Thursday, December 16, 2010

.44 very Special.


I have a soft spot for the .44 Special cartridge. Oh, the .44 Magnum is fine and dandy, but it's a bit much for a casual day at the range; it's quite frankly overkill for most non-big-game-hunting applications. On the other hand, there's no denying the popularity of the .38 Special, but the holes it leaves in the target are smaller and harder for me to see past fifteen yards.

The .44 Special lofts a pretty good-sized chunk of lead, makes a respectable hole, and does so without heavy recoil... at least in the great big guns for which it was intended.

I also have a soft spot for medium-frame short-barreled revolvers with five .44 caliber charge holes instead of six .38s. These guns do not recoil gently. Even the heavier steel-framed ones are pretty zippy, and the alloy-and-titanium ones are borderline vicious.

I've owned a Charco Bulldog Pug in the past. It was beaten to death in only about 300 rounds of 240gr PMC ammunition: By the end of that time, the frame had stretched enough that there was distressing endshake, and the nickel was flaking off the topstrap and forcing cone, giving the gun a leprous appearance. I traded it away.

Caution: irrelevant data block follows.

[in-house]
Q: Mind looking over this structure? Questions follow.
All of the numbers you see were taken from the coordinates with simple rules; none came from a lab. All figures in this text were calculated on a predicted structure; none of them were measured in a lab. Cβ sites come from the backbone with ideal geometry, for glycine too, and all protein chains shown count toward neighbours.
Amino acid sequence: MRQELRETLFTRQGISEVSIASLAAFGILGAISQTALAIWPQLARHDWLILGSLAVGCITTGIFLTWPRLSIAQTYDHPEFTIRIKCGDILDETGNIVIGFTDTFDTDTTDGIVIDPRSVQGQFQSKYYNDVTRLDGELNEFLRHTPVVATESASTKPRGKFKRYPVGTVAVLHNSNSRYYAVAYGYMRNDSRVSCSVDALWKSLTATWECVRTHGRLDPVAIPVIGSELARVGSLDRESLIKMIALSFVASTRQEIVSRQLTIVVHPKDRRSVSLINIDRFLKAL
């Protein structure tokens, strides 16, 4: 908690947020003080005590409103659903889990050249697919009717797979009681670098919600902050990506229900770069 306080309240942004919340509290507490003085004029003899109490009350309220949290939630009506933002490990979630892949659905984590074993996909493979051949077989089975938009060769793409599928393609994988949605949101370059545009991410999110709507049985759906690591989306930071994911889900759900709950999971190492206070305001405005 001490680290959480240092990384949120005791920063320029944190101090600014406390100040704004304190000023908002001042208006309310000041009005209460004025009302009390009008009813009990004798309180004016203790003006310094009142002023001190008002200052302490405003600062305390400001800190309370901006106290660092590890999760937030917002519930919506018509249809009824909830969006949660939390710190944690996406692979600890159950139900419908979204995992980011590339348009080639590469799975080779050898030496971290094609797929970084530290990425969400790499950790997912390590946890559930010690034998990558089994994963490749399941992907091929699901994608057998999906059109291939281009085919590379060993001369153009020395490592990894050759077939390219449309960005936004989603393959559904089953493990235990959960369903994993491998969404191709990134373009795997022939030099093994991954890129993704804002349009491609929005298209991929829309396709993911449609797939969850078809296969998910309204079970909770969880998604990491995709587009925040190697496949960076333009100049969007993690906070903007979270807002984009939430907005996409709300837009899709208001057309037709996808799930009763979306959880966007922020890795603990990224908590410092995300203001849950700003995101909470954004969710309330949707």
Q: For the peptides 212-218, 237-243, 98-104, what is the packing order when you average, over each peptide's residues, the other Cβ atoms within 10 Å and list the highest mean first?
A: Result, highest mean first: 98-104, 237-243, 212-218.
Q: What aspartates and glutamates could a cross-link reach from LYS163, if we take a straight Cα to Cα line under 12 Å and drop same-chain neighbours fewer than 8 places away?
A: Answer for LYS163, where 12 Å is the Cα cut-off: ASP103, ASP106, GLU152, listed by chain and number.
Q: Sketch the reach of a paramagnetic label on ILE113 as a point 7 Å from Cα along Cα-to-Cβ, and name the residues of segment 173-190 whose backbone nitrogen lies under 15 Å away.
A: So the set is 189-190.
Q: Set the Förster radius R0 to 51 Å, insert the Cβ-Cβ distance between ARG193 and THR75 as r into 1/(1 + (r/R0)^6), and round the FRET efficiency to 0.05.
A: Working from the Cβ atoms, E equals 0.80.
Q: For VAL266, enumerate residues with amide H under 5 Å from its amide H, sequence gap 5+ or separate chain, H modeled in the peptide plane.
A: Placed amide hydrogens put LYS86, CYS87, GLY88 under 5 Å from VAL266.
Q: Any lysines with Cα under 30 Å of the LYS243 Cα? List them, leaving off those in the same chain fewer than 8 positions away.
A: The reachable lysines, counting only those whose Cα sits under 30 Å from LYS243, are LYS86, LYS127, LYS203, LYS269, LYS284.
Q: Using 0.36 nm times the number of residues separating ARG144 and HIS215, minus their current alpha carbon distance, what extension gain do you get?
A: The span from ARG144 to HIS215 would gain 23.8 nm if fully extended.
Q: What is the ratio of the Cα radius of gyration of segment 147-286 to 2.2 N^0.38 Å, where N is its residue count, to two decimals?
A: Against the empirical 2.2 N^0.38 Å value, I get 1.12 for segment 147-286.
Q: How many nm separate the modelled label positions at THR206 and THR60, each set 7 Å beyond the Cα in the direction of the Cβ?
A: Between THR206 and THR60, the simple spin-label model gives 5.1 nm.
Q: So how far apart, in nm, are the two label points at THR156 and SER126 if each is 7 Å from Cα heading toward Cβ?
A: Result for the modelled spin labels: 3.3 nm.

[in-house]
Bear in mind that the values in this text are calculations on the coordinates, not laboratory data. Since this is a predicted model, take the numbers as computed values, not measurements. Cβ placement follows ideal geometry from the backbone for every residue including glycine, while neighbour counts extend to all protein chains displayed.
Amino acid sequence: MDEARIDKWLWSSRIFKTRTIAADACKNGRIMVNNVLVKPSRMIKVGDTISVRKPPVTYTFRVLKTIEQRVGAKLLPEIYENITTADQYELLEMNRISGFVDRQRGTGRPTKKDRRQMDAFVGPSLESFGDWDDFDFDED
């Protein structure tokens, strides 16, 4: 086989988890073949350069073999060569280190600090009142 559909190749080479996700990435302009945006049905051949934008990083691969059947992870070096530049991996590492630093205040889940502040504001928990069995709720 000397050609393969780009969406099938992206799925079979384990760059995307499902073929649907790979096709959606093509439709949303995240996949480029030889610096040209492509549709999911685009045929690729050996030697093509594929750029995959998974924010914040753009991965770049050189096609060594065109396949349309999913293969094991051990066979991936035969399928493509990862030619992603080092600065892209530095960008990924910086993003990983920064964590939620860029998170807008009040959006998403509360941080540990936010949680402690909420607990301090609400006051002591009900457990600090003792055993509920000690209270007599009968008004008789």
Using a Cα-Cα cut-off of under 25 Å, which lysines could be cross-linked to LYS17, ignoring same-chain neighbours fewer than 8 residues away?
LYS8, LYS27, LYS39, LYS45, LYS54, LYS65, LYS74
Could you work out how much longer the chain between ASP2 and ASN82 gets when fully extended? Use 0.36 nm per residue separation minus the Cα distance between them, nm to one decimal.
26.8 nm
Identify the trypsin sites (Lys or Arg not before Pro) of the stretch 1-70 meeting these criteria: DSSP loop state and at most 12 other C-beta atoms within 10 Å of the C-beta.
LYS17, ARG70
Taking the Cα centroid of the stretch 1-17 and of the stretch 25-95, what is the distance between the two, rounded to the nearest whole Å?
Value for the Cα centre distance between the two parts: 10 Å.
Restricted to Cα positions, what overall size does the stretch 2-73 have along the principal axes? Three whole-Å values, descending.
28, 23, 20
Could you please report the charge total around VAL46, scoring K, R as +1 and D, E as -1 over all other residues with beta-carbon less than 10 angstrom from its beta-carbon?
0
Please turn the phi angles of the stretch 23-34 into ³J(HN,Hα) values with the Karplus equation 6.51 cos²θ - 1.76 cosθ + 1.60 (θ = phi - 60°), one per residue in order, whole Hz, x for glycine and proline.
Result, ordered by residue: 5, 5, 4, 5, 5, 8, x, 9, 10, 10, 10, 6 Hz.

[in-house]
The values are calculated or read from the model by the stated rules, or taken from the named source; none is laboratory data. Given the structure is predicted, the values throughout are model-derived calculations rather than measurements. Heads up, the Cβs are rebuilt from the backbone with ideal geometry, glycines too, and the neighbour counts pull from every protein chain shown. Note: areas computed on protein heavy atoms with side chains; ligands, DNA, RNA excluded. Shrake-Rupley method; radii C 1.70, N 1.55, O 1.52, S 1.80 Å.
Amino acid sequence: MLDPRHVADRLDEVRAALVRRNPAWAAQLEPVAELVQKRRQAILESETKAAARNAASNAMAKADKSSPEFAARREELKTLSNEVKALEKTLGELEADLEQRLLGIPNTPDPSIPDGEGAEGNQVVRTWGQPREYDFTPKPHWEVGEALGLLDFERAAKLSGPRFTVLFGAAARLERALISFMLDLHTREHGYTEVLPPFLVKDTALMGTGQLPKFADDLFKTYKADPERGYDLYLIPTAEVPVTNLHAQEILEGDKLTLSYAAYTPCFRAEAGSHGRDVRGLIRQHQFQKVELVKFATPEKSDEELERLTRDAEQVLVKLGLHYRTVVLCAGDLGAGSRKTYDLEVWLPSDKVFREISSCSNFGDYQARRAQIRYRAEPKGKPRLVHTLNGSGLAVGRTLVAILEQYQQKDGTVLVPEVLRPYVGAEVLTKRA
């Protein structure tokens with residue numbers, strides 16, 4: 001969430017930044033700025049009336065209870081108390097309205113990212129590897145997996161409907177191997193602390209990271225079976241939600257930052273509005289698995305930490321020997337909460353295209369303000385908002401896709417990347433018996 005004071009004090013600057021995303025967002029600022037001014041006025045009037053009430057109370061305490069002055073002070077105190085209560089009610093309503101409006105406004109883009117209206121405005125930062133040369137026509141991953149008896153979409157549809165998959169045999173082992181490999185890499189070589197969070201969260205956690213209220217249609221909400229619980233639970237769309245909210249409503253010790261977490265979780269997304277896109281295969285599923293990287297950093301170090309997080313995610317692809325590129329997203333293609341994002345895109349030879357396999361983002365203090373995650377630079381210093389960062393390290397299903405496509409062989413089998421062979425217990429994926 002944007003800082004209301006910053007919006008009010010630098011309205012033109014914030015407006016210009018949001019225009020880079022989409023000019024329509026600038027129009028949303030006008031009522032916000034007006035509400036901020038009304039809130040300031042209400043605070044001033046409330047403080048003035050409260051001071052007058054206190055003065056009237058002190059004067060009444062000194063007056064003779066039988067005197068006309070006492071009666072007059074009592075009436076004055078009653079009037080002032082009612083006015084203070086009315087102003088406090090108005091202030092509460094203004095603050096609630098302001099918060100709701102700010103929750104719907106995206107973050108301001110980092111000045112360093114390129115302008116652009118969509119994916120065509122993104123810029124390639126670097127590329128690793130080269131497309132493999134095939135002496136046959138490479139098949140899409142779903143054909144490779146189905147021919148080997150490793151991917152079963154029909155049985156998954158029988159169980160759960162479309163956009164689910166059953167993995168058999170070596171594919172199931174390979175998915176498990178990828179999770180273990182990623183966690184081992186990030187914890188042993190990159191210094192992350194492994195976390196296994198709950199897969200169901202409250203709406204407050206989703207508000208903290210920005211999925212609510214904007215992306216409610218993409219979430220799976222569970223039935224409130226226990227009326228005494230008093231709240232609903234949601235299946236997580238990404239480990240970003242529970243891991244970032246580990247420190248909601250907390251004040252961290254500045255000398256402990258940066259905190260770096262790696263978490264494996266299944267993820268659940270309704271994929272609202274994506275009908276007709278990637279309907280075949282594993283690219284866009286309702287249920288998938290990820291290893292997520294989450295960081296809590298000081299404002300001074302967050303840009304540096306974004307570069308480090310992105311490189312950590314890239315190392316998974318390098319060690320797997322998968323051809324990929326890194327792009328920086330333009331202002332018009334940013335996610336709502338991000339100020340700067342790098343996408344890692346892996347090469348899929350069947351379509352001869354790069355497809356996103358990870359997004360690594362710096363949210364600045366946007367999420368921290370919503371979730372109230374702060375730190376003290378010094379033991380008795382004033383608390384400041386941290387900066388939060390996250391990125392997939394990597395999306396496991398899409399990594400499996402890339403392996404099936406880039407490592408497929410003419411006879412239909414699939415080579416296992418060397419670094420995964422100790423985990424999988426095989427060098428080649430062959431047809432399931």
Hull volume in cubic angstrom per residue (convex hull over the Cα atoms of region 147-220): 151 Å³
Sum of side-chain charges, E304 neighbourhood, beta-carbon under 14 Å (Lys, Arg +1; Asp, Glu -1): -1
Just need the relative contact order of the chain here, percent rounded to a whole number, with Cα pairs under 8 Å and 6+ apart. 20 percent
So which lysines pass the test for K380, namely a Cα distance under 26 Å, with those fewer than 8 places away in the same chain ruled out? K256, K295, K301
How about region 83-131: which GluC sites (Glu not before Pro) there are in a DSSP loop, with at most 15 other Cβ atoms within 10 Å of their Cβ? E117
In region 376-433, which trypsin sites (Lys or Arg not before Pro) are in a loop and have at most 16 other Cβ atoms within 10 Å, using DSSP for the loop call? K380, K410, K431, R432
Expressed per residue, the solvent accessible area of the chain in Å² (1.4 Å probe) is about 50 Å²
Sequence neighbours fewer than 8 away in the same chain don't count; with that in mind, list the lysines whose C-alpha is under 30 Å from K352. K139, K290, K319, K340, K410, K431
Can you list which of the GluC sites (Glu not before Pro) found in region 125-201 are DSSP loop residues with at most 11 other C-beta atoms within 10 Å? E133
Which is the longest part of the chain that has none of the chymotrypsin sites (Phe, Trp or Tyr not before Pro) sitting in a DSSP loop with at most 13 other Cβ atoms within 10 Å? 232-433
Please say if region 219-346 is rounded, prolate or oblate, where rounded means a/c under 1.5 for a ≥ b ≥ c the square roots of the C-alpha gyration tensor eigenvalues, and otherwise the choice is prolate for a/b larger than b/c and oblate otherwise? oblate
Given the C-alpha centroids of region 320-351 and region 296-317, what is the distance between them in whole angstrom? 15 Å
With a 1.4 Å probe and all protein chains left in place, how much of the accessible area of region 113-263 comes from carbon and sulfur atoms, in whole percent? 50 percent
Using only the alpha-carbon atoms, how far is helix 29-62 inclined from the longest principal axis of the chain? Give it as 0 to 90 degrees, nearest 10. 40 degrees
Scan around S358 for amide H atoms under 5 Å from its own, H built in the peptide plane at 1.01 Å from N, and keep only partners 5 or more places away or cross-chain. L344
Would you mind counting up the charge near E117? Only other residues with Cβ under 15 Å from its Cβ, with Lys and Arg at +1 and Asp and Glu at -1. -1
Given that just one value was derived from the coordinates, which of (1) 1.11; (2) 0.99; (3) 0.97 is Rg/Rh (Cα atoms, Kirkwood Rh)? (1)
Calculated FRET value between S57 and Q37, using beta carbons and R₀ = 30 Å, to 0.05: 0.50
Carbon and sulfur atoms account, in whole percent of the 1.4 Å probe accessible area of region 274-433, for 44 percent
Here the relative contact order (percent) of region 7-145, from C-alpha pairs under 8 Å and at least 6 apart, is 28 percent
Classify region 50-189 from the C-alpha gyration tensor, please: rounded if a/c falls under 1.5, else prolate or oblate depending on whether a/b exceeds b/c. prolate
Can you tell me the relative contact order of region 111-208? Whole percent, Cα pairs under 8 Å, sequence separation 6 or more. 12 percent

Later, I had a Rossi 720 "Covert", a fixed-sight 3-inch gun with a spurless hammer. It was ugly in a way that only a Brazilian revolver with faux-stag grips can be, yet actually had a fine DAO trigger, despite once being used as a hammer to put together some particle board bookcases. Sure enough, though, it would lock up during range outings with jacketed 240gr PMC ammo, which was about all I could afford to feed it at the time. It wound up as trade fodder, too.